I am a computer programmer. When I was young, I was a fledgling computer programmer and, when I had only a Commodore 64 with no storage system, I wrote the equivalent of an interactive book on it. Page after page of story and options... and every bit of it would be gone forever when the switch was turned off. I made my sister play that game several times and try the different options to see what happens, even when it led her to "bad ends." There was an Ewok-like teddy bear race that, if you happen to get to the wrong part of the story would direct your attention into a stone toilet-shaped structure and lop your head off. This, after doing something friendly earlier in the story. It was a different tribe, but how was the reader to know that? It was a cruel thing for an author to do. So I can see how I totally deserve some of the unexpected deaths that I've encountered in The Warlock of Firetop Mountain, but you don't. Save yourself... there's still time.

Still here, huh? Well, fine. I'll just do what I can to advise you on your journey, then. You start with four different characters to play as, and you can get more as in-game purchases. These characters have different skills, stats and attacks. Different background stories, personalities and special skills lead to differences in gameplay at some areas, more so than others. For example, some characters are illiterate. When they come into contact with a sign, book or labeled bottle, they have no idea what the text says. Then again, a character from a foreign land may know how to read, but not know the specific language in which a book or label is written. As the player, you may, of course, know what the text says from previous attempts, but the description text will reflect that they don't know what it says. Further, a character who is more of a survivalist with a Keen Eye might be able to cobble together an extra ration or two out of any discovered food in the dungeon. These unique changes personalize the quest for each character, and make things more interesting, especially when certain pivotal aspects of the dungeon seem quite different for a specific character. So, basically, try the game with the different characters you have available and take note of their strengths and weaknesses. You don't have a persistent effect on the dungeon, so you'll have to make it all the way through in a single run with a single character in order to defeat Zagor, eventually, but you can explore the dungeon through the eyes of these different characters, in the mean time, to get a better understanding of what your biggest challenges are and what character you most prefer to use.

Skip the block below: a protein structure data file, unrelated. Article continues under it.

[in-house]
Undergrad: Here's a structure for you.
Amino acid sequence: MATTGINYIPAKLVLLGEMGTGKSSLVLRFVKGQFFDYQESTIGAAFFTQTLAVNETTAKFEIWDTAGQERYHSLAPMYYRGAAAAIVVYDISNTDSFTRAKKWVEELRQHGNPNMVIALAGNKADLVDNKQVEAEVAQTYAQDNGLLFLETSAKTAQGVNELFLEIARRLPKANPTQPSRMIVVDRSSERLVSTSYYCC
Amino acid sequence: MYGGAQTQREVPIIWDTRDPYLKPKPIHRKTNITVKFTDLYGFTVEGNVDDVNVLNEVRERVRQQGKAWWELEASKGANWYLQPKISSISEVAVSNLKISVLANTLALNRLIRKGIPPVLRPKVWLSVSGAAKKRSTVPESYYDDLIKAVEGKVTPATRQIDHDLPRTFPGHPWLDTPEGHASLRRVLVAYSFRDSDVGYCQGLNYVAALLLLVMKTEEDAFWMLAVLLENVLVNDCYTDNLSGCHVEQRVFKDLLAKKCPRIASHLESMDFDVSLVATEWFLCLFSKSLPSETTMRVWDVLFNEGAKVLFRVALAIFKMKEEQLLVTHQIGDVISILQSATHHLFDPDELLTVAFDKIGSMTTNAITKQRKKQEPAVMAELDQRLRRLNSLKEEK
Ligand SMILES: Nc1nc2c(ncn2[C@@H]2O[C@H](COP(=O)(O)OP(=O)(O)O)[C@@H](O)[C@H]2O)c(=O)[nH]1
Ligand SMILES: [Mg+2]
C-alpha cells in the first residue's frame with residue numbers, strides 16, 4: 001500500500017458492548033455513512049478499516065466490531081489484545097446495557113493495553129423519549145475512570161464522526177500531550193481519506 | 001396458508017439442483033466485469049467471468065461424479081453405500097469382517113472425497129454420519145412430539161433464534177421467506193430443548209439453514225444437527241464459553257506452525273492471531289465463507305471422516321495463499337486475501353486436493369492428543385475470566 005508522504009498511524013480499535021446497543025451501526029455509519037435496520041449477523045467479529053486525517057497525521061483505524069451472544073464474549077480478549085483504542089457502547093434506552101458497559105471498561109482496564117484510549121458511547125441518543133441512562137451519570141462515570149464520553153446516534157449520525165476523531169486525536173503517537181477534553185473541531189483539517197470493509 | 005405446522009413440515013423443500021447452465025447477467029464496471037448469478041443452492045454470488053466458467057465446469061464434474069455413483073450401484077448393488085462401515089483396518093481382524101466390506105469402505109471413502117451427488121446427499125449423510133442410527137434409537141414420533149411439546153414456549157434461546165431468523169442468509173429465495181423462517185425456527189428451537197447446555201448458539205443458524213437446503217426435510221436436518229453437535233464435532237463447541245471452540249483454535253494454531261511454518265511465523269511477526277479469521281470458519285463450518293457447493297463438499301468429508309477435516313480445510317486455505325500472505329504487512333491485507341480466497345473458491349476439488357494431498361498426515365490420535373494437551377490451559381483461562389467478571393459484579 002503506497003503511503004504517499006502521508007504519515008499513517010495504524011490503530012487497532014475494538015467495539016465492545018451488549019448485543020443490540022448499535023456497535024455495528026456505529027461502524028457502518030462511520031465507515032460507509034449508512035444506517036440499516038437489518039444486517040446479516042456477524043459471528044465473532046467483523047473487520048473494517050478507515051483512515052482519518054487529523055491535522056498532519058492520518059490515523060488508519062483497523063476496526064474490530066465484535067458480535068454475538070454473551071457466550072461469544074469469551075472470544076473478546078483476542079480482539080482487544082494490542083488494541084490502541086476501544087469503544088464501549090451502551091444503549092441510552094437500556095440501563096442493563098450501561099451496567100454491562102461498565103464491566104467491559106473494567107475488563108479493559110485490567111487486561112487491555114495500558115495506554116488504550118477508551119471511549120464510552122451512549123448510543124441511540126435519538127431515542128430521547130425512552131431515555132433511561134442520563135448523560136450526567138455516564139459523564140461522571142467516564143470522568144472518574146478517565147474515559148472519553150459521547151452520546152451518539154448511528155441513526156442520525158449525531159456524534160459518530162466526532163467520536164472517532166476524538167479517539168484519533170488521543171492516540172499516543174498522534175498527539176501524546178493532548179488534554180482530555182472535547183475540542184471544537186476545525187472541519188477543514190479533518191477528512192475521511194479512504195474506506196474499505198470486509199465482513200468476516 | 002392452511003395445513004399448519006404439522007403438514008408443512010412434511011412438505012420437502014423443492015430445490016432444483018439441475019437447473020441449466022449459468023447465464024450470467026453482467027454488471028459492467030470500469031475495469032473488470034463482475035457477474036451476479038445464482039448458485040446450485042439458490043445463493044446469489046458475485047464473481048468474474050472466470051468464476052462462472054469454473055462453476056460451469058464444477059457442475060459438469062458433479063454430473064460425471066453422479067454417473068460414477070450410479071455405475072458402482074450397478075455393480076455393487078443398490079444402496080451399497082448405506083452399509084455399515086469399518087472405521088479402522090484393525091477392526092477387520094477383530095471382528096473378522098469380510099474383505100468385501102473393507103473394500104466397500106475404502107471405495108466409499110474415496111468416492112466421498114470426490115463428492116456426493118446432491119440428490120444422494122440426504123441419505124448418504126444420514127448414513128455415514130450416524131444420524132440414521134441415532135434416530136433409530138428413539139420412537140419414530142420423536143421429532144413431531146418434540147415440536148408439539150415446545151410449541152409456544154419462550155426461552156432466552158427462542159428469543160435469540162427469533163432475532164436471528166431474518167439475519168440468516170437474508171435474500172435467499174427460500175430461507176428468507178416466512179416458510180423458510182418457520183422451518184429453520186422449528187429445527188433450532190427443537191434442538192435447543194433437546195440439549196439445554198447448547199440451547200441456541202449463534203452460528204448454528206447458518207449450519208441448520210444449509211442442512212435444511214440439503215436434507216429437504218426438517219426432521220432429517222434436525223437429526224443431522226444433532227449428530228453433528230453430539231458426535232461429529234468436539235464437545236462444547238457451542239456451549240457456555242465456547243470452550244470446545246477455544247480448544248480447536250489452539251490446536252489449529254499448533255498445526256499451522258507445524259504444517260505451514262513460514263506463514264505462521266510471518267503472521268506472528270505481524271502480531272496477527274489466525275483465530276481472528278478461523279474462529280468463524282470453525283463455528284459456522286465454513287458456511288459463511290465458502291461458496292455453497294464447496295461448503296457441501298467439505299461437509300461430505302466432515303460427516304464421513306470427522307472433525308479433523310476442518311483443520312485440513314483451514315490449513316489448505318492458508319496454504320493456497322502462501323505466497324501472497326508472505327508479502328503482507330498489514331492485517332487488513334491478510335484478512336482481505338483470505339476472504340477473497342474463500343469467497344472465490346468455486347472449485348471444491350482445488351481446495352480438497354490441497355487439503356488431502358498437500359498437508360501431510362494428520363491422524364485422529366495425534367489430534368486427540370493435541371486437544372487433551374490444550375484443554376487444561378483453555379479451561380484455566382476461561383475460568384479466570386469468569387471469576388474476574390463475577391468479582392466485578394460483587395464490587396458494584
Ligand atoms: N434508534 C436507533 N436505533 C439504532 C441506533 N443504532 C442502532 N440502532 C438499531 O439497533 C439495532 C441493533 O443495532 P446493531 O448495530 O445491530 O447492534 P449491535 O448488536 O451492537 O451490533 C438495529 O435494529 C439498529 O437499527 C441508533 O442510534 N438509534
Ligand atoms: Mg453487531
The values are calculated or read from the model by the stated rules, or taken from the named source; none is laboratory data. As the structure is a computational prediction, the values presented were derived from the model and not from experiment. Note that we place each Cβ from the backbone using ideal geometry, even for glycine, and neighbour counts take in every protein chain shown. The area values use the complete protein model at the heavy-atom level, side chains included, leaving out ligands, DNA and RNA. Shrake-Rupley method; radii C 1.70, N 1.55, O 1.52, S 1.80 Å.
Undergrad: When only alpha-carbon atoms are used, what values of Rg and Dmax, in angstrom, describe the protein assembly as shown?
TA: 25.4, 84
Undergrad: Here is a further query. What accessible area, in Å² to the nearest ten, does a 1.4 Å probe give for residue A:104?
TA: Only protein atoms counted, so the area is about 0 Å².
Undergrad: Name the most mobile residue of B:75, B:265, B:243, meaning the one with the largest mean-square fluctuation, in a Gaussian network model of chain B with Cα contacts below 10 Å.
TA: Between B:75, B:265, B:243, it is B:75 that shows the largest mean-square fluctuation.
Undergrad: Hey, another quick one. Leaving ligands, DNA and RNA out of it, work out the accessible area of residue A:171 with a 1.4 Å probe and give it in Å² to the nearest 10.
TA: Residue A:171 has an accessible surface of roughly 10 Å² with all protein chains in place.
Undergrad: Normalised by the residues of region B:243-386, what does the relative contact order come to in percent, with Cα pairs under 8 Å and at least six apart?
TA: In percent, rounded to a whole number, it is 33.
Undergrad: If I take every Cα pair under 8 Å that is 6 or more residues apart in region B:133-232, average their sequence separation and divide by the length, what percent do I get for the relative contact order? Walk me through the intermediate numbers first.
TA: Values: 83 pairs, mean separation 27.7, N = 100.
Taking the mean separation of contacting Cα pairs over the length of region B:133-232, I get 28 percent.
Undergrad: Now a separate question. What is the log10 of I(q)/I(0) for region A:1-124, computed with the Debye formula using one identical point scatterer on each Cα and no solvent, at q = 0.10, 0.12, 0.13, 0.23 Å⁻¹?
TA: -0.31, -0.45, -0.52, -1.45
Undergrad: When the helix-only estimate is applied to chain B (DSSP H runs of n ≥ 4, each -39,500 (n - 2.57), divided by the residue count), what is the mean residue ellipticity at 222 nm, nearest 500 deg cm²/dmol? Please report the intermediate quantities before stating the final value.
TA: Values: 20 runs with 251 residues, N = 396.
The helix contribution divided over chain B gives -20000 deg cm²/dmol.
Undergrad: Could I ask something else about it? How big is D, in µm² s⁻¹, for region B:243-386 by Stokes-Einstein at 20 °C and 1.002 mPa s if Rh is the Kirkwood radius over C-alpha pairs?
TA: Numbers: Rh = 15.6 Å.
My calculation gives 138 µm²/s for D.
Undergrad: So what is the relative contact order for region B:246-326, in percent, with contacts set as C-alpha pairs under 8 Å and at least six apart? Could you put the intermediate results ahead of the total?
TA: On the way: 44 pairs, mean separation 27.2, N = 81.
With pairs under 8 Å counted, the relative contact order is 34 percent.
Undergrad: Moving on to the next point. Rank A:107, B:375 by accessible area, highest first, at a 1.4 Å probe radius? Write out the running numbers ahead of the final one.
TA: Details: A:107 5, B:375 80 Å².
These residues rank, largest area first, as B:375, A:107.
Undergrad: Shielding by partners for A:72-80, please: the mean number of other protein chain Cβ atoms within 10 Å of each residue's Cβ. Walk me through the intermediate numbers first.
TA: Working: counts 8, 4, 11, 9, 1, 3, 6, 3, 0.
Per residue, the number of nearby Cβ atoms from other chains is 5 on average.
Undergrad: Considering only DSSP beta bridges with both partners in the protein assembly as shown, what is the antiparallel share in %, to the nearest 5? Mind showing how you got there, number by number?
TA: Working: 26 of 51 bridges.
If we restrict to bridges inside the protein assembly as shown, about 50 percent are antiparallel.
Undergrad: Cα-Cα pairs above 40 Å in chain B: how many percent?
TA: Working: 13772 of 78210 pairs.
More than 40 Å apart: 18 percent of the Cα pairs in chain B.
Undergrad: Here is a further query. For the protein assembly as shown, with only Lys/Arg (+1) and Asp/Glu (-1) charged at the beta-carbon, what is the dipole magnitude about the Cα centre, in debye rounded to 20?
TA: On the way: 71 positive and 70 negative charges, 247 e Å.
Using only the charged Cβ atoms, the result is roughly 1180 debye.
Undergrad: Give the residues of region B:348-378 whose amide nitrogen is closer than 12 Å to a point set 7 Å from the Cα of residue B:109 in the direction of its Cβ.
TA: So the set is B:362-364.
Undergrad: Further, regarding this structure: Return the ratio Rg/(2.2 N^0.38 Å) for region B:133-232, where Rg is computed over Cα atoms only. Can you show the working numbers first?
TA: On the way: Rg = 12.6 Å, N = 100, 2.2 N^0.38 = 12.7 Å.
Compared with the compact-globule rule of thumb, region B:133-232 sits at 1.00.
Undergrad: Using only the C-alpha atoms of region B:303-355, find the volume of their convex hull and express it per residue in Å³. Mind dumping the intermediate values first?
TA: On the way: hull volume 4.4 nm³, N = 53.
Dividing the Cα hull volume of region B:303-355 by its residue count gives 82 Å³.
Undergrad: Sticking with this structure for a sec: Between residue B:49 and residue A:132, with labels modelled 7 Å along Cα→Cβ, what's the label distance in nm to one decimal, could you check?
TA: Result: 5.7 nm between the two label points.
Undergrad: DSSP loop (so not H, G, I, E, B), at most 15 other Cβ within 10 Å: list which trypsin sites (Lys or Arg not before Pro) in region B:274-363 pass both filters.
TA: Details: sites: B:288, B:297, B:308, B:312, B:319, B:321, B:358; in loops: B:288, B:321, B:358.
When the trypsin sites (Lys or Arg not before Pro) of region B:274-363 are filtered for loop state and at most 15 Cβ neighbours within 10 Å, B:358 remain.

The Warlock of Firetop Mountain presents a challenge and is geared for a player to make several play-throughs before completing the game. If you are the kind of player who enjoys repeating a dungeon multiple times to learn all of its secrets, then you may really enjoy this game. If, on the other hand, you get frustrated at repetitive tasks, it may not be for you.

Those who are ready to climb in for the "long game," grab a piece of paper and a pencil and make notes as you go. What options do you get for searching that dwarf? If there are three options, you'll need to play three different times try all of the options. What did you find? Write it down. Later, when you realize that you need that thing that you saw on your first play-through to get past a later challenge without taking damage, you can refer to your notes to see where you had encountered it.